was a drama series about two Los Angeles homicide detectives, sergeants Rick Hunter and Dee Dee McCall. It was created by Frank Lupo
and produced by Stephen J. Cannell
, and ran on NBC
for seven seasons starting in 1984.
Rick Hunter (played by ex-football player Fred Dryer
) has a reputation for being a Cowboy Cop
, which makes him less than popular among his superiors. While he does tend to bend the rules and disregard orders, he only does so to get evidence against the bad guys, and his intuition never fails in picking out who is a bad guy or who isn't. He would never stoop to manufacturing evidence or framing an innocent.
Dee Dee McCall (Stepfanie Kramer
) is Hunter's partner. As tough as she is good-looking she is sometimes called the "brass cupcake". She is just as pro-active as Hunter when fighting crime and doesn't hesitate to get into physical fights with the criminals, but she is less hot-headed and often acts as a calming influence on her partner. In the last season, McCall left the series and was replaced by two other female detectives.
This show provides examples of:
- Action Girl: McCall. Despite being much smaller than Hunter, she was just as active in fights and or chasing down criminals on foot — often in high heels.
- The Alleged Car: Any car driven by Hunter would either be this, or become this during the episode. Sometimes it would literally be falling to pieces. Because of his reputation for wrecking cars, the police department would always give him the worst vehicle available. On the occasions where he, through luck or trickery, could obtain a new car, he would invariably get in a car chase and wreck it.
- By-the-Book Cop: Sgt. Bernie Terwilliger thinks Hunter is a disgrace for the department and never fails to point out any time he breaks a rule. Unfortunately, Terwilliger is not that good a detective himself. In the second season, he gets transferred to Internal Affairs, a job which brings him into frequent confrontation with Hunter.
- The Cast Showoff: Besides playing McCall, Stepfanie Kramer also had a career as a singer. She shows this off in an episode where McCall goes undercover as a singer.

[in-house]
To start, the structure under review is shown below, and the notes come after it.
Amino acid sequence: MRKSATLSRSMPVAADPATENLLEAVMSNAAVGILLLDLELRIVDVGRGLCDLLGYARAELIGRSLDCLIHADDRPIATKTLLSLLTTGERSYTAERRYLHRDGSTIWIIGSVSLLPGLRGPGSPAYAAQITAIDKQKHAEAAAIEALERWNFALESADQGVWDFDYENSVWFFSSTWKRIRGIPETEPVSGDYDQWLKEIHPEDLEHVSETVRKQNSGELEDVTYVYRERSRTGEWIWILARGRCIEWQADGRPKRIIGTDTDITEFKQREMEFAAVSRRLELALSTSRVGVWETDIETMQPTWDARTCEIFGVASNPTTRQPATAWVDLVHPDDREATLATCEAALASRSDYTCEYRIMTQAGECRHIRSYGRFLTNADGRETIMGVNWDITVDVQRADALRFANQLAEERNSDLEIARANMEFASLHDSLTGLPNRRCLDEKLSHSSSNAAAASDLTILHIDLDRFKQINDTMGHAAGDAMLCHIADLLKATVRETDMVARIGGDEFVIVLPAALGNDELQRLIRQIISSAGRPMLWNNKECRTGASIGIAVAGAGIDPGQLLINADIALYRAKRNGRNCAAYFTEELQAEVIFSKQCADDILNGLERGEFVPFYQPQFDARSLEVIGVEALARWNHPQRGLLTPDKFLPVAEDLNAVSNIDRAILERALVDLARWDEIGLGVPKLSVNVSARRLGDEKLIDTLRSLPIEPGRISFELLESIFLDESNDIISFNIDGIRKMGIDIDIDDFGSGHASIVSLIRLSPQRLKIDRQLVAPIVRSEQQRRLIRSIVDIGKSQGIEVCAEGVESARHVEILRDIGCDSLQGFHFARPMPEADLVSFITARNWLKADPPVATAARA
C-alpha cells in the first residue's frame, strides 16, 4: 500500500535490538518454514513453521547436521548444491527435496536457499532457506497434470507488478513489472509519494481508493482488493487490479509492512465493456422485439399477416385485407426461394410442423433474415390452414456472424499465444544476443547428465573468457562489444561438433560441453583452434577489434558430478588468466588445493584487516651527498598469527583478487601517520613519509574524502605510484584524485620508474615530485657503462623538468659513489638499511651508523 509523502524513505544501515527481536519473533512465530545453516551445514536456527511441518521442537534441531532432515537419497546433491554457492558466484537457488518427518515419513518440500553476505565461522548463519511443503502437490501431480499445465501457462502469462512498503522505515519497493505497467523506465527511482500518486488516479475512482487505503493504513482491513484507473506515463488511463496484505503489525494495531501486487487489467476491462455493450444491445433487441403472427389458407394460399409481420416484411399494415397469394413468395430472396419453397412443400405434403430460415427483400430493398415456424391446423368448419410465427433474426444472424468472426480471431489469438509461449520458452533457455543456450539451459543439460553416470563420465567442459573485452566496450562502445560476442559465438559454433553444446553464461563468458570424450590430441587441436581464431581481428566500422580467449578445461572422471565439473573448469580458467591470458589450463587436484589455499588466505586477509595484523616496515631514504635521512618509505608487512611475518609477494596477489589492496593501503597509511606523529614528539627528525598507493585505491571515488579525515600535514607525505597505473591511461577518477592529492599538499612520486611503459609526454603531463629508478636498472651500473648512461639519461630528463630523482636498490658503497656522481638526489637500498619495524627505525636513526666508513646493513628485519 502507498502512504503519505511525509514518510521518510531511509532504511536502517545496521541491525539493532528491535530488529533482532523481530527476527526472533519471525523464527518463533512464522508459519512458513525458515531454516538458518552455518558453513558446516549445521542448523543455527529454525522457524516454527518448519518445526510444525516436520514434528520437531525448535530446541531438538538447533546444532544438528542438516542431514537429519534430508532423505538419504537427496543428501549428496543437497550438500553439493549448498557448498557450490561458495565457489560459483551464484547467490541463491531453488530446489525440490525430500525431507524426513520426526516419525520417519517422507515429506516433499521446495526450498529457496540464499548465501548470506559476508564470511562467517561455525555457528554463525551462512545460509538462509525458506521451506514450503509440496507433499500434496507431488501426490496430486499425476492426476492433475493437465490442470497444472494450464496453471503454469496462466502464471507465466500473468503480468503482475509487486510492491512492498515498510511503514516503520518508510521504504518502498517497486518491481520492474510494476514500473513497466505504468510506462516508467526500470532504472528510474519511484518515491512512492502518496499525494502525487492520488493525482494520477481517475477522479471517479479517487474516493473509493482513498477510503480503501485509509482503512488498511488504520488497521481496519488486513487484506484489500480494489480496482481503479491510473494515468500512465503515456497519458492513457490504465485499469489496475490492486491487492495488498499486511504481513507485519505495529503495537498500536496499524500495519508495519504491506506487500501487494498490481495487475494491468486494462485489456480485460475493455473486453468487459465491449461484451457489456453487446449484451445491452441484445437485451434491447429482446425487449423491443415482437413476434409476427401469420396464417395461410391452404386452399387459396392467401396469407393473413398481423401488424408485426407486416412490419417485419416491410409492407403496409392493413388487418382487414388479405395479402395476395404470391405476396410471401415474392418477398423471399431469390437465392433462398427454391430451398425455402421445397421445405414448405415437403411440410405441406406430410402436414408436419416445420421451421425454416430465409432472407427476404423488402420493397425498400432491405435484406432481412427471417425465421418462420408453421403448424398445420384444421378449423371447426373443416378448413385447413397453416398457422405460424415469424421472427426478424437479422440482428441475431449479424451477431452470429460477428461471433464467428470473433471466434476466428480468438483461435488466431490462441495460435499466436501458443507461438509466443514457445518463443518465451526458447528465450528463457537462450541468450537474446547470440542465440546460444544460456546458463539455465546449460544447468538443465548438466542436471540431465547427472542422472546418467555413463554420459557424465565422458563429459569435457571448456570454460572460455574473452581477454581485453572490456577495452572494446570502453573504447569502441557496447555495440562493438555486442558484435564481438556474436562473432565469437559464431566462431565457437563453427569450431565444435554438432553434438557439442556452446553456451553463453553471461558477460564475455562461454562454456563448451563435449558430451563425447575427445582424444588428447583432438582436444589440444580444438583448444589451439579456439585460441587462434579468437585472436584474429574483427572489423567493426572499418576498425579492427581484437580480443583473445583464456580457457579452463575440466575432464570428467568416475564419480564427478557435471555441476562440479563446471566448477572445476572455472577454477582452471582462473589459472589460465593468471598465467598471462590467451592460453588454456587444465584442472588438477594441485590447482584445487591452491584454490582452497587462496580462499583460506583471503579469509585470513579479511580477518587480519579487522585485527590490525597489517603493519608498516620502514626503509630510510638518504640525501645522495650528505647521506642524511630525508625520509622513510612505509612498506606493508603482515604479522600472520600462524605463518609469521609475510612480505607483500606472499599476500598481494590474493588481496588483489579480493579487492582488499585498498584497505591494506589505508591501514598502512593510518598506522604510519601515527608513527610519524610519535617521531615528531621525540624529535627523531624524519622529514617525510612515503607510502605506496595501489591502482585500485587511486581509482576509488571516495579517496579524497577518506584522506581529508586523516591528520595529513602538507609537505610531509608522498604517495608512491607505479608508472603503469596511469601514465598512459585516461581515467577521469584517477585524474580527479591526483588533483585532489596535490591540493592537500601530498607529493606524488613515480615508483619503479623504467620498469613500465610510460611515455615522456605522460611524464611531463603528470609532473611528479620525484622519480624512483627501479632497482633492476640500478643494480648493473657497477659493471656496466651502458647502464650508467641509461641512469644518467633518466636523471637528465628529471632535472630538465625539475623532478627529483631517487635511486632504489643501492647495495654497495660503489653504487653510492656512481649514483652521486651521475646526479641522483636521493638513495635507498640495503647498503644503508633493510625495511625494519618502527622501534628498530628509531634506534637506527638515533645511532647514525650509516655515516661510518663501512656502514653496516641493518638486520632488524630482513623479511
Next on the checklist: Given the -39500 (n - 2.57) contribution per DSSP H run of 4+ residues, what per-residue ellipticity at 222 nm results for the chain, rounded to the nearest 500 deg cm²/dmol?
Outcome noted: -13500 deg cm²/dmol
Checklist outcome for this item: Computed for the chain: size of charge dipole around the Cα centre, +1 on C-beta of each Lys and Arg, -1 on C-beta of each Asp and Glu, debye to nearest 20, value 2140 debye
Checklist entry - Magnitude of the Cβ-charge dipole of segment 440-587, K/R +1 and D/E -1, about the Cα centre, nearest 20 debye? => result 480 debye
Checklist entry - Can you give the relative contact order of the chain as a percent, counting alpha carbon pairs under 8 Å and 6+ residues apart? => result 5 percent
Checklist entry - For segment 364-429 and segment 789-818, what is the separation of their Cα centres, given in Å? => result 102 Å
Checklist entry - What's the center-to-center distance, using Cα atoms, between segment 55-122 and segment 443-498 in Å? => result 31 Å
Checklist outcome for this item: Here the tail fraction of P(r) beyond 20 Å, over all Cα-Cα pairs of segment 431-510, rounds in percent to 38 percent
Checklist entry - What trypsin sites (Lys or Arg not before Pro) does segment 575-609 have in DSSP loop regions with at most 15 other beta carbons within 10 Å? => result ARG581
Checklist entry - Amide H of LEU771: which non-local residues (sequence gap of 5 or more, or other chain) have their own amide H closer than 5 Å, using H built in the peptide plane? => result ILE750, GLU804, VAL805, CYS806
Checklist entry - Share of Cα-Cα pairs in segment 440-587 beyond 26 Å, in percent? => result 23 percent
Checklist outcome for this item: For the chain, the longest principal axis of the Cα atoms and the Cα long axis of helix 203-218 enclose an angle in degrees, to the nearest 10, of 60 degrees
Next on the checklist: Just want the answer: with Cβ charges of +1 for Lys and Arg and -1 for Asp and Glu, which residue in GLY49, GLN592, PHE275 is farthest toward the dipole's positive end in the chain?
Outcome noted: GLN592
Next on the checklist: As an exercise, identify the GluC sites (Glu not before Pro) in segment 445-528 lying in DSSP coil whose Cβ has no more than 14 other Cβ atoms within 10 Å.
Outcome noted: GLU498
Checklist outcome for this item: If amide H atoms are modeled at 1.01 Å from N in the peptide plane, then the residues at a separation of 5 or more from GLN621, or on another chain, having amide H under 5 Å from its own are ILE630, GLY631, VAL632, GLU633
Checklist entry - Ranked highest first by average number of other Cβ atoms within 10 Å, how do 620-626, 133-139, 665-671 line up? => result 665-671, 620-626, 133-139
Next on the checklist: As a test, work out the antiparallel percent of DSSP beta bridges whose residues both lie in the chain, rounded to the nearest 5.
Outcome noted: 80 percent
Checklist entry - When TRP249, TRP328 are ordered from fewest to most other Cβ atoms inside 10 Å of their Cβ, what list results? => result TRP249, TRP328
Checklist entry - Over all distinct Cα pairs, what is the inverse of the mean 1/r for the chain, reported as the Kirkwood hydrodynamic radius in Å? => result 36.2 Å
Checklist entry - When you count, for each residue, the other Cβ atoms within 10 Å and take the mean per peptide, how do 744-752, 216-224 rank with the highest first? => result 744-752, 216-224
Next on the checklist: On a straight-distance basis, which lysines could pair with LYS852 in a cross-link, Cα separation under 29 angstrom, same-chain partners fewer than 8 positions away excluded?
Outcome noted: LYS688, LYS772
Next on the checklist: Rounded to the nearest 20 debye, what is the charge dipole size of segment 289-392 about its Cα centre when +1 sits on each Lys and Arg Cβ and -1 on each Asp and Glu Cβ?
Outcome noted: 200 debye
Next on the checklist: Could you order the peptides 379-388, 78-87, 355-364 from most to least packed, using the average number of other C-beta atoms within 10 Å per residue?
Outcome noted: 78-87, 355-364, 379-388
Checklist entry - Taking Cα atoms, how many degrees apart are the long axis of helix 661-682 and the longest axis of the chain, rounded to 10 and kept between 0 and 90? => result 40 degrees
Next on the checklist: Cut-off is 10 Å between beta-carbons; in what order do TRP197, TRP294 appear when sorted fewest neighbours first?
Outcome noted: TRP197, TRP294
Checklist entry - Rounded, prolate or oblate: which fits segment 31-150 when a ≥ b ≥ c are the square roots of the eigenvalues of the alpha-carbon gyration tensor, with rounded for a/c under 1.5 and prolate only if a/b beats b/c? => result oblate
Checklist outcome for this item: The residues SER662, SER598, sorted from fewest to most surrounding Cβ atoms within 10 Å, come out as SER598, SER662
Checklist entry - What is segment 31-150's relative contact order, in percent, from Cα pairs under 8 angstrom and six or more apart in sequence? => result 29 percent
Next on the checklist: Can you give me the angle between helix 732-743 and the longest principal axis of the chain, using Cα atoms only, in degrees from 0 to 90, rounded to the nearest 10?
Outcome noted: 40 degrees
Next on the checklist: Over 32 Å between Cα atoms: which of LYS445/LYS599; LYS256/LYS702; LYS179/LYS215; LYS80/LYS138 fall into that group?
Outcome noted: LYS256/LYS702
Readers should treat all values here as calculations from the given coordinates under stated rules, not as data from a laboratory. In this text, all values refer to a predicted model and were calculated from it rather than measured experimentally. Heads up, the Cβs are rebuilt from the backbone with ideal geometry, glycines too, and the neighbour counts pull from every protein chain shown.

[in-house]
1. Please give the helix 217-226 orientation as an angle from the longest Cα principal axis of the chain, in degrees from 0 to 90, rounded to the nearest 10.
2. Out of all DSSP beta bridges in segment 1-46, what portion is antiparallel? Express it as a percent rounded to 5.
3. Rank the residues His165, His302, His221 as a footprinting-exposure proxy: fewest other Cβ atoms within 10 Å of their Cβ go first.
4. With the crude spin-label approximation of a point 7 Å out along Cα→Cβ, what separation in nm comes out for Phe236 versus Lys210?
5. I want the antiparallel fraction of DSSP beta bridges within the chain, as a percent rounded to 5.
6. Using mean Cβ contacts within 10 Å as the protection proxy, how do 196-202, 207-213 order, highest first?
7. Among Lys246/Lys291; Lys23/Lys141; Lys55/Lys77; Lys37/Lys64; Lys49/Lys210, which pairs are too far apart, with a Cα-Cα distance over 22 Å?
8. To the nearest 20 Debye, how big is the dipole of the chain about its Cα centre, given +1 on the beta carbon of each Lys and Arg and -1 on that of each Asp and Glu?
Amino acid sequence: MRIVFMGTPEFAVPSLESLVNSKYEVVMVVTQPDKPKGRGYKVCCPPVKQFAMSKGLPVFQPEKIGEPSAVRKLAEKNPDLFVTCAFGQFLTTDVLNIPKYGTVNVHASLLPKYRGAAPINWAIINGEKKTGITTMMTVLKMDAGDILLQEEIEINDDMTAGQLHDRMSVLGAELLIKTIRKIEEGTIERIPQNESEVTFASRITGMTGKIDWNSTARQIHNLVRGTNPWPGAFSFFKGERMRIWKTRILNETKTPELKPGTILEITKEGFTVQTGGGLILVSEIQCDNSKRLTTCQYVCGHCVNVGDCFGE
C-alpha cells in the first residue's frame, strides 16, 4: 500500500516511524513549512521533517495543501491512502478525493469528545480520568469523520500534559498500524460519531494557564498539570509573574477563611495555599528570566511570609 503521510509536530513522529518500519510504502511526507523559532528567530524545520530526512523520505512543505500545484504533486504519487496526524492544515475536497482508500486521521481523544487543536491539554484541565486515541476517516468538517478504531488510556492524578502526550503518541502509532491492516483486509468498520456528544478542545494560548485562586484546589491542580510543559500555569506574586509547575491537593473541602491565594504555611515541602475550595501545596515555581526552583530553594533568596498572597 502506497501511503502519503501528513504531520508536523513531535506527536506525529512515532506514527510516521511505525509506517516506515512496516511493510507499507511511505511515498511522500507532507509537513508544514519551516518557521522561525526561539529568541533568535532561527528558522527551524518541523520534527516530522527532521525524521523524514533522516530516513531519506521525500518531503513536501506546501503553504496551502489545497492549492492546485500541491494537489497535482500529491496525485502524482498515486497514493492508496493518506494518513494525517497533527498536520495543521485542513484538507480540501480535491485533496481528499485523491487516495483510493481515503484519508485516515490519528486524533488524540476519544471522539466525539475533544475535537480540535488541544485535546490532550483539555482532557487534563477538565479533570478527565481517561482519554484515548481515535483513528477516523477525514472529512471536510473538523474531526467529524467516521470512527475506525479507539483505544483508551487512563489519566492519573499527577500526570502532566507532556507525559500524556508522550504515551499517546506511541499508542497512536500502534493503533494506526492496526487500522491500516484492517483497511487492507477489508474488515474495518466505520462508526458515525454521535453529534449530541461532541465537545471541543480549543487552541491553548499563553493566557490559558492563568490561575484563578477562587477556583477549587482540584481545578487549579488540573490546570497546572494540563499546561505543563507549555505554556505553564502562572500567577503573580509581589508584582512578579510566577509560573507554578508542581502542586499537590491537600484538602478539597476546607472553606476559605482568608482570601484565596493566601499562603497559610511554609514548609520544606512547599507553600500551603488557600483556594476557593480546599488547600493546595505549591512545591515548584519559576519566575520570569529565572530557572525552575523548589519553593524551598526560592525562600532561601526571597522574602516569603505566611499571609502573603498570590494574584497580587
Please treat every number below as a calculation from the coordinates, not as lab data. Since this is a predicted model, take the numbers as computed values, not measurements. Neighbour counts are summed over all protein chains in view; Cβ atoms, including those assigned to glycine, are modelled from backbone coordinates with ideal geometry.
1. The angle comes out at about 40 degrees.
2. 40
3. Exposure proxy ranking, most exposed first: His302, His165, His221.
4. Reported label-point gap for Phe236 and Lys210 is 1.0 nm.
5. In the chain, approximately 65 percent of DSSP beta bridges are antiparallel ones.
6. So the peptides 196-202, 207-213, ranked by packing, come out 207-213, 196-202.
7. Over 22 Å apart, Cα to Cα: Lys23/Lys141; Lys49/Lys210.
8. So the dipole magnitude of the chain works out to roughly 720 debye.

- Catch Phrase: Hunter's "Works for me".
- Chase Scene: Most episodes had several, both by car and by foot.
- Cowboy Cop: Hunter has this reputation among his colleagues, and some journalists.
- Da Chief:
- Hunter's immediate superior in the pilot episode, captain Caine, views him as a dangerous loose cannon and a Cowboy Cop, and threatens to take his badge away.
- His captains in later epsiodes tended to have a more sympathetic attitude to Hunter. Despite frequent irritation over Hunter's insubordination and liberal attitude to the regulations, they tolerated this (up to a limit) because of his good results. They would do their best to keep Hunter in line with varied success.
- Dirty Harriet: McCall would often go undercover as a streetwalker or callgirl, especially during the first season.
- The Eighties:
- Hunter's version of the decade is less garish or glitzy than that of Miami Vice, but there are lots of examples of Eighties style, fashion and music.
- McCall's clothes, hairdos and colourful makeup are all typical of the Eighties.
- Every Car Is a Pinto: Car chases would often end with one car catching fire and/or exploding.
- Fair Cop: McCall. Her good looks not only made her a suitable Dirty Harriet, but also attracted romantic attention from both desirable and undesirable quarters.
- Watch the Paint Job: Sometimes Hunter manages (by audacity, oversight or sheer luck) to requisition a new car from the department, rather than the Alleged Car he will usually be given. The people in charge of the car pool will invariably be very upset about serial wrecker Hunter getting his hands on a pristine vehicle, and there is a lot of angst over in which shape he'll return it. Of course, the car is totalled or at least severely damaged during the episode. This leads to another show of angst and anger when the car is returned.
- White Sheep: Hunter comes from a Mob family but chose to join the police. In the first season, he uses his connections to get information from his relatives, who also try to use him. Downplayed in later seasons.
Episodes of this series provide examples of:
- Dress Hits Floor: There is an episode where a rich woman robbed by some criminal finds him and bargains for return of some jewelry piece. When the robber suggests she is "wired", she drops her clothes to the floor to prove she is not. This leads to Karmic Death of said robber, at the hands of the woman's jealous husband who wrongly assumes she's having an affair — she is, but not with the burglar.
- External Combustion: Happened to a journalist who was convinced that Hunter was a dirty Cowboy Cop dealing out vigilante justice. The real culprit used this to frame Hunter for the murder.
- Follow That Car: Detective DeeDee McCall did this in an episode, with the grizzled cab driver replying "I've been waiting twenty years for someone to say that!"
- Rape and Revenge: When McCall is raped by a foreign diplomat, who uses his Diplomatic Impunity to flee the country, Hunter tracks him down in his homeland and ends up killing him.